The FairTax proposal of 1999 rapidly gained steam among the public due to Steve Jobs embracing it and touting how all sides would benefit, through a groundbreaking commercial campaign which made it obvious the income tax system benefited tax lawyers above all others. Politicians on all sides found themselves forced to support it or face the wrath of constituents. The bill passed, and America prepared for the century-old income tax system to be replaced with something modern and computerized.
Starting on Jan 1, 2001, every American citizen received a monthly tax rebate of the exact same fixed dollar amount instead of a yearly tax refund. (They also got their final income tax refund or made their final income tax payment around April.) Some people complained, but most people simply put it in their savings or checking accounts and hailed the end of the FICA payroll tax.
When the planes knocked down the World Trade Center towers on September 11, 2001, a recession started. But a marvelous thing happened: it didn't hurt the underclasses as much as previous recessions. The monthly "prebate" acted as a guaranteed income stream for people out of work, and the burden on unemployment and welfare systems was substantially reduced. The tax burdens on small businesses were not as onerous, because the big companies that could pay for legislative loopholes in the past didn't make out like bandits and leave small business to pay the tab. Used goods such as thrift stores boomed. Even as income inequality rose, standards of living rose for the lower classes.
As the country's economy rebuilt, the startlingly positive outcome resulted in numerous books and papers hailing the FairTax's success. The prebate had functioned as a "national dividend" which some called "universal basic income." A side effect was noted: the national treasury had been decoupled from labor. The futurists who'd been warning of automation's ills realized that half of the problem had been solved.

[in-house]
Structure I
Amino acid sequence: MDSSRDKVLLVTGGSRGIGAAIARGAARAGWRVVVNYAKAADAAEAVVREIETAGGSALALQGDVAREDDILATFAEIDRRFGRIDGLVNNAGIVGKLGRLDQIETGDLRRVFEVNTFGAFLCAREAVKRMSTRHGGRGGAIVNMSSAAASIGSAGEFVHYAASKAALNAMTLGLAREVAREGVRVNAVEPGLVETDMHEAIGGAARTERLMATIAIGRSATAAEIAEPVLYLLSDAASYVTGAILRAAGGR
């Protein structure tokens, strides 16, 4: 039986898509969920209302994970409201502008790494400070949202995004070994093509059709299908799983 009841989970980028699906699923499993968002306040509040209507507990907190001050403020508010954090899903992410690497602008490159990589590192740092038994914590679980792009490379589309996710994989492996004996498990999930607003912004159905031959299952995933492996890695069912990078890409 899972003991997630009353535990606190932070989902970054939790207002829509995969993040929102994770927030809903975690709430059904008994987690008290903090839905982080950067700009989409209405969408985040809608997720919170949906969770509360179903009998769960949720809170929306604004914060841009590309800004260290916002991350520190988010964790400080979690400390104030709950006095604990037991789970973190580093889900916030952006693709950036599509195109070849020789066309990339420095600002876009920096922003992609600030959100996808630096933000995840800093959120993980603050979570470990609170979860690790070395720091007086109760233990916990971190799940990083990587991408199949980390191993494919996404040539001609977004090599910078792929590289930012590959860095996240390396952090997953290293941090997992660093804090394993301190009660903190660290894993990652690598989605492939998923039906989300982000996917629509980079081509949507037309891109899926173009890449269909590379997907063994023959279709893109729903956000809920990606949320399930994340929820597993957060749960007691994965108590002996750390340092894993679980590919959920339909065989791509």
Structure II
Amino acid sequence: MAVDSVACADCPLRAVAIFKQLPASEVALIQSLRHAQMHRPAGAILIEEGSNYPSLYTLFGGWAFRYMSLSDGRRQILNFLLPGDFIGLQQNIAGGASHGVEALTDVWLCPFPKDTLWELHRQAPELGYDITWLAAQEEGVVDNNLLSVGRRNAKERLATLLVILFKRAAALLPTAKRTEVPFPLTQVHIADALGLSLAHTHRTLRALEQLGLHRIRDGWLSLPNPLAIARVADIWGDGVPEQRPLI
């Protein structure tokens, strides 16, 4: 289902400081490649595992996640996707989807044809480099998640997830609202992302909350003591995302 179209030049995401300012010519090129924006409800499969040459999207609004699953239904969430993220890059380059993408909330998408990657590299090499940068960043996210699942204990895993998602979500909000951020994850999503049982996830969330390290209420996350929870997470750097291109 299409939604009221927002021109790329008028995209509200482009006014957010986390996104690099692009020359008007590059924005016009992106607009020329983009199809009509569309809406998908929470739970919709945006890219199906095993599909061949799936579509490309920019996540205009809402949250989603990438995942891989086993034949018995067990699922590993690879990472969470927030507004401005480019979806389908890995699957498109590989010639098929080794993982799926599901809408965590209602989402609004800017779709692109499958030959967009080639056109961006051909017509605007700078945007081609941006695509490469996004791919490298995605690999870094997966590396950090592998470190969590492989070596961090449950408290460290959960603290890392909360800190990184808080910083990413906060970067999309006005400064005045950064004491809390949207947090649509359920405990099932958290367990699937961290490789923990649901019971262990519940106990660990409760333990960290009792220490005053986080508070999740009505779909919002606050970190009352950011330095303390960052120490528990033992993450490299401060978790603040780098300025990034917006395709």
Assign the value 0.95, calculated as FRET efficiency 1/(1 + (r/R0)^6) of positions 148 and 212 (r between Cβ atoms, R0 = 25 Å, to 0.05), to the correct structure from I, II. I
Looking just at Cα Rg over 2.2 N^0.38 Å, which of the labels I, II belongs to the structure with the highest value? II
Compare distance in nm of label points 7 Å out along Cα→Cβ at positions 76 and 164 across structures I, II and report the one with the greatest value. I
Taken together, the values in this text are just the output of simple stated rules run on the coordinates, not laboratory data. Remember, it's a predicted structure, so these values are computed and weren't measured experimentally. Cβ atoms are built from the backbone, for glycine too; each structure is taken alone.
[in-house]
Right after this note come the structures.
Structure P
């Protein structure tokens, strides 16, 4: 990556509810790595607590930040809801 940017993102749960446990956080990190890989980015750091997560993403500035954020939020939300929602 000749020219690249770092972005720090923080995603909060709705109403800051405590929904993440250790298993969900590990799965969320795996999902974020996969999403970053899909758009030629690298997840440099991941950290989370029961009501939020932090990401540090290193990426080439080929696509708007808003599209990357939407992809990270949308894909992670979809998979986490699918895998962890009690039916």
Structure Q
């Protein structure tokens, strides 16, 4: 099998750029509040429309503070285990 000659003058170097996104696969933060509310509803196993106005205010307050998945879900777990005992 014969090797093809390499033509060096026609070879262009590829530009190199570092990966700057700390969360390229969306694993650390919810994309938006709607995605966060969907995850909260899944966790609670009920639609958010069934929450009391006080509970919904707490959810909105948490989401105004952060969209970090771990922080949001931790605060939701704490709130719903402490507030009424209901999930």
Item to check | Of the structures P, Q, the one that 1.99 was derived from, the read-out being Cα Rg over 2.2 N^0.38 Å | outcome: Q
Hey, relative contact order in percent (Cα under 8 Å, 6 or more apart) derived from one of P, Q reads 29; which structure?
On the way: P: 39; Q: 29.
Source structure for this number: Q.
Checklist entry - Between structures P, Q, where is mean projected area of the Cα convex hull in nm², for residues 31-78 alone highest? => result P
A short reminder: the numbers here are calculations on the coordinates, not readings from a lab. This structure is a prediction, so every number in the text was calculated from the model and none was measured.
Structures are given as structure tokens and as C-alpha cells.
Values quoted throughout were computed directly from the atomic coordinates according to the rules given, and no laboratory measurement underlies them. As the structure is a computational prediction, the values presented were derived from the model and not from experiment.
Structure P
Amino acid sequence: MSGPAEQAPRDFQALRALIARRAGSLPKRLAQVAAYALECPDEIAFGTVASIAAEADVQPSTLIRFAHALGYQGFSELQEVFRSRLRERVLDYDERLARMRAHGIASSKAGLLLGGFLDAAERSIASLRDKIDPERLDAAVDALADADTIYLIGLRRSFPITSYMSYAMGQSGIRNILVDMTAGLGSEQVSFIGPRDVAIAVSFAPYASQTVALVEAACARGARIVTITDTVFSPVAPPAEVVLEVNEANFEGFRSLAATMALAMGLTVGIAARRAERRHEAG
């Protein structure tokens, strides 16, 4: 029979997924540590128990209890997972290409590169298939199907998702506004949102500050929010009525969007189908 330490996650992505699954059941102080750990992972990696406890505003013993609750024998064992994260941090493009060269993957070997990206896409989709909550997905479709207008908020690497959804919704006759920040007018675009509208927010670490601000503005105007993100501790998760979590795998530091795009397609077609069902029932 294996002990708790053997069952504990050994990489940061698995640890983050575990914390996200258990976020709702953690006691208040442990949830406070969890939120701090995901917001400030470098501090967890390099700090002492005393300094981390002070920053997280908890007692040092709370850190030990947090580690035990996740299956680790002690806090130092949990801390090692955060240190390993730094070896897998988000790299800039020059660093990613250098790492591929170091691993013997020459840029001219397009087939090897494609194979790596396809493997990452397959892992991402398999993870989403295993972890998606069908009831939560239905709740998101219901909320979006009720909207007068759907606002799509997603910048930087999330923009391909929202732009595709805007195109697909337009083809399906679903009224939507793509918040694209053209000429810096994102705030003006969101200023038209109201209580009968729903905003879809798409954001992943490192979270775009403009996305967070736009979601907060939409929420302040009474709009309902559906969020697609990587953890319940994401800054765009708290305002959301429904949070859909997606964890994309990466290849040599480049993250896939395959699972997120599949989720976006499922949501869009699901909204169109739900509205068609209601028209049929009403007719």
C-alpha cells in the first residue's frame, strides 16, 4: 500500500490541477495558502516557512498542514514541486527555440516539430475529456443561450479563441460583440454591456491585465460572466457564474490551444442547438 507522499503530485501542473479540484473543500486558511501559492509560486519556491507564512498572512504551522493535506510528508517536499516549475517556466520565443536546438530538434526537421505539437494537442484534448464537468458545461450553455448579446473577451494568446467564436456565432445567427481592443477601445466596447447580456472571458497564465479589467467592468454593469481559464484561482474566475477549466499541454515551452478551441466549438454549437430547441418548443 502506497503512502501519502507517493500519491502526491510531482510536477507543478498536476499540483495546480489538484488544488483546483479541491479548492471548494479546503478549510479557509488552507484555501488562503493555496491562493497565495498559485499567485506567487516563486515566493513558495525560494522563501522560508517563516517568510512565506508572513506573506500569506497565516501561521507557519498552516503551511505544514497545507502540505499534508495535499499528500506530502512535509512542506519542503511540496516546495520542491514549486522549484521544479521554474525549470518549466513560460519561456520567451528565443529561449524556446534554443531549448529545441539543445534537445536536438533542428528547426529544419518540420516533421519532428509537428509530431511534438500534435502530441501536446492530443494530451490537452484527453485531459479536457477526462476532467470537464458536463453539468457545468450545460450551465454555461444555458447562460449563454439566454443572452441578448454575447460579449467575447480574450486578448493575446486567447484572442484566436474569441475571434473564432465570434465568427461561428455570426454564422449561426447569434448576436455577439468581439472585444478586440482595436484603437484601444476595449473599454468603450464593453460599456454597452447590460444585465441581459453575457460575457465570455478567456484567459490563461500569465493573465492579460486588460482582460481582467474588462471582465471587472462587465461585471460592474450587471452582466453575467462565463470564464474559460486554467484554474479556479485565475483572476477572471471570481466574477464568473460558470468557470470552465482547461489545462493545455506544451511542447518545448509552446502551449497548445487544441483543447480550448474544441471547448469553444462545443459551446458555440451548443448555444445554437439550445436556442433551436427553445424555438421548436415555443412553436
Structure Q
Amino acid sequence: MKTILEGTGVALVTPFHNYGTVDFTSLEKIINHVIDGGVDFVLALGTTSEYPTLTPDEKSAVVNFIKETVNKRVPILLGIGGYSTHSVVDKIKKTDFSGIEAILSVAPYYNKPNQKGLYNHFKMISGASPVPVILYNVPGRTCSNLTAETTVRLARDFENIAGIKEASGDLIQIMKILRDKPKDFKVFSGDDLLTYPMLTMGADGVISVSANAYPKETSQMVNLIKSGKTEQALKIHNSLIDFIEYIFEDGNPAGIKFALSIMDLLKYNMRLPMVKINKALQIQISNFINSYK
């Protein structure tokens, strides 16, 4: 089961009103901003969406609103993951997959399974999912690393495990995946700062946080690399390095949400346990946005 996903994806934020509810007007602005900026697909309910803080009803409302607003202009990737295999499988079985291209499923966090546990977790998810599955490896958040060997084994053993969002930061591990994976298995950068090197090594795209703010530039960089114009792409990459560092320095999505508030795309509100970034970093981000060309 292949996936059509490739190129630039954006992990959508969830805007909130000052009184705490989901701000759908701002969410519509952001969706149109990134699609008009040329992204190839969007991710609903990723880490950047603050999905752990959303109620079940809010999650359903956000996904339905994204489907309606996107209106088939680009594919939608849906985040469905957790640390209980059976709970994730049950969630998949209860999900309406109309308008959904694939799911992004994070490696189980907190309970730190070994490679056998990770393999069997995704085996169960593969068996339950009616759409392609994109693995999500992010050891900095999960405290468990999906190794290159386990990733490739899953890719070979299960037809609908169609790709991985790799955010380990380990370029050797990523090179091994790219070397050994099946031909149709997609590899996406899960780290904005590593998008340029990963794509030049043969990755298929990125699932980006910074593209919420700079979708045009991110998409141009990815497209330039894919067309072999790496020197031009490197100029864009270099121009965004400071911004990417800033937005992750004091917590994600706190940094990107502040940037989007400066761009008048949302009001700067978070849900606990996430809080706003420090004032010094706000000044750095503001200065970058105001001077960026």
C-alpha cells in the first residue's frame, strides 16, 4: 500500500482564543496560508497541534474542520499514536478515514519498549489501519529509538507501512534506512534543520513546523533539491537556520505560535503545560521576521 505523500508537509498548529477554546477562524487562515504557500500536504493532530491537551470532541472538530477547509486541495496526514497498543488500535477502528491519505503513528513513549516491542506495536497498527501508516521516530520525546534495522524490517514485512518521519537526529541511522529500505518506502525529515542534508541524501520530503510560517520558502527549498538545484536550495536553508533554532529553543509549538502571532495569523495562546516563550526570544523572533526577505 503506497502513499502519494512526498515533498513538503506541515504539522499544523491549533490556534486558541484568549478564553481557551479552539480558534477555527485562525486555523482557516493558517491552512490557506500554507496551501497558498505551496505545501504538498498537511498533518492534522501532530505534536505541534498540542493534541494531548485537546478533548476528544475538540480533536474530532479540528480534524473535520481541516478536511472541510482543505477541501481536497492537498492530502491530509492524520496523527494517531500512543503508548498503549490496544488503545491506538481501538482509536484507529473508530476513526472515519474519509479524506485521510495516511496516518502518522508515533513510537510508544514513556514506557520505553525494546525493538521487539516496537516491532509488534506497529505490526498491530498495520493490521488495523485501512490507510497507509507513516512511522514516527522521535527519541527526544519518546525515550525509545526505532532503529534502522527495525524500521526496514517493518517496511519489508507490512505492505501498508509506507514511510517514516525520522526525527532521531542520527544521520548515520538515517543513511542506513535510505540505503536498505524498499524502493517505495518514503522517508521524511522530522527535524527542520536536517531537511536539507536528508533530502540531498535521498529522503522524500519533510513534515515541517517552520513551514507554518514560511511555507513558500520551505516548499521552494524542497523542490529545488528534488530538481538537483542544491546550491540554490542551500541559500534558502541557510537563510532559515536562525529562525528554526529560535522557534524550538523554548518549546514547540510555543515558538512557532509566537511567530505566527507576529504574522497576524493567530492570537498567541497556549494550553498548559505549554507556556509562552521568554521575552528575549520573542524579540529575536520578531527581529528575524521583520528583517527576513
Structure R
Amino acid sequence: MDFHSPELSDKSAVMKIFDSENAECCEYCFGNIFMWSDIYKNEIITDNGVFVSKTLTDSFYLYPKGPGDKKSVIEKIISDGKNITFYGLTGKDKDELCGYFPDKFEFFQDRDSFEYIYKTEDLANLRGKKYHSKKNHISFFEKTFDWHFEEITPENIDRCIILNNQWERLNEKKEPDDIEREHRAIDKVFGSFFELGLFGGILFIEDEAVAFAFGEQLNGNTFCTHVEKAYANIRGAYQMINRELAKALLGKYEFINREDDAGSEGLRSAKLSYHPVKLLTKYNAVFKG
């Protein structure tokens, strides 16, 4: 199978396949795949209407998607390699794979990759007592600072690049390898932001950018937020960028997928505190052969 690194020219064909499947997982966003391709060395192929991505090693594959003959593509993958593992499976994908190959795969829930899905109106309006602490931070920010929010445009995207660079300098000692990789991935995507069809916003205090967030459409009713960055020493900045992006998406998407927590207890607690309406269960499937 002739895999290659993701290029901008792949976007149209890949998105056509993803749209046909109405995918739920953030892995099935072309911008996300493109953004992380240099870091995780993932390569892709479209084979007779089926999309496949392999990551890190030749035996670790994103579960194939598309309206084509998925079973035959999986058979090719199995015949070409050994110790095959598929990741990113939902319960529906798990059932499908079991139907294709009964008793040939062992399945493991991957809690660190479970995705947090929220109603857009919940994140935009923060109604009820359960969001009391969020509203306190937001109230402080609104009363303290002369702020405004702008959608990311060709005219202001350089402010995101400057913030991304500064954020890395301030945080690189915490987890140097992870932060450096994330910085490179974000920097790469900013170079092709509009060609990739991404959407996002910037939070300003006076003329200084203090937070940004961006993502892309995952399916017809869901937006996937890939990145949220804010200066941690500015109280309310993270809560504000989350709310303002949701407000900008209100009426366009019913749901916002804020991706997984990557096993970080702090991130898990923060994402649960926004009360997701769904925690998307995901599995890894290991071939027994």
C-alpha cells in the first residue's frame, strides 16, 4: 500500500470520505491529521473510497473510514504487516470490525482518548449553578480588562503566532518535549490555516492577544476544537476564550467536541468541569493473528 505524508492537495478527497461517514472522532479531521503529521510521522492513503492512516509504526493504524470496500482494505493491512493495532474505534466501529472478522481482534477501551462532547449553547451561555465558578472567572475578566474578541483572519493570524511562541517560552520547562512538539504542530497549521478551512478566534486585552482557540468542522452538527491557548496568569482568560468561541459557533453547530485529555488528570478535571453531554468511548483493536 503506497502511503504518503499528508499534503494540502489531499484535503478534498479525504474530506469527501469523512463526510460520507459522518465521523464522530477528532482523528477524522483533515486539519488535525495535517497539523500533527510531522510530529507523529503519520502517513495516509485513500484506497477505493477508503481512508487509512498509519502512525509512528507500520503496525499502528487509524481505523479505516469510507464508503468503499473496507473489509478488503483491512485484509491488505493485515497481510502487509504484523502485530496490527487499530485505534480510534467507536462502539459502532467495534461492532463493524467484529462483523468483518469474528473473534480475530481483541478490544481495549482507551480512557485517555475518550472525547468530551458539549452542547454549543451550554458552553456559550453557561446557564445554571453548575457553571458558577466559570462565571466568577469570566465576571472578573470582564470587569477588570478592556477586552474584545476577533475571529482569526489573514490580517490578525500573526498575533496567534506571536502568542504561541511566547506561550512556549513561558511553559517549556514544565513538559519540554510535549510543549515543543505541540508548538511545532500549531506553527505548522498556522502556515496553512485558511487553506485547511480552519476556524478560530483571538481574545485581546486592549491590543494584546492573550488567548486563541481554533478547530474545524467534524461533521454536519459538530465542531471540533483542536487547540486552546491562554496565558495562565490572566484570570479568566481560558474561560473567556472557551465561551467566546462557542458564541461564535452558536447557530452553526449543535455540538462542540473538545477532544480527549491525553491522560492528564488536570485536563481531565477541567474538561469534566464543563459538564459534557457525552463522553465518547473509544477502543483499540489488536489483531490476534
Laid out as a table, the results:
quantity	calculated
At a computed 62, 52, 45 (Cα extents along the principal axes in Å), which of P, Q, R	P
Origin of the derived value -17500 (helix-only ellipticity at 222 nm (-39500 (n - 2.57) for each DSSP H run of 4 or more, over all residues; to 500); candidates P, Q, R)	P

Another startling reform gained steam: universal welfare. The plan was to replace all means-tested welfare with a flat welfare check for all, spending on the people an amount that would have gone to bureaucrats to prevent those well-off from receiving public funds that had been extracted from their businesses by taxation.
It passed in 2006, and the income went through the same channels (paper checks and direct deposit) that people received the FairTax. Individual housing became more affordable for all families of every background.
There was no crash in 2008.
The foreclosures weren't as severe, and the assets never became toxic. Instead, America started paying down its debt, as the more people spent on consumer goods and services, the more taxes the government collected. Other countries started adopting similar programs, and similarly thriving.
Income inequality began being seen as a good thing, because the "whales" paid for everything. The more the billionaires thrived, the more the people got.
Yeah I think that "something that's perfectly doable with today's technology without requiring novel breakthroughs, nobody has just bothered putting that particular application together" is within the spirit of "same level of technology".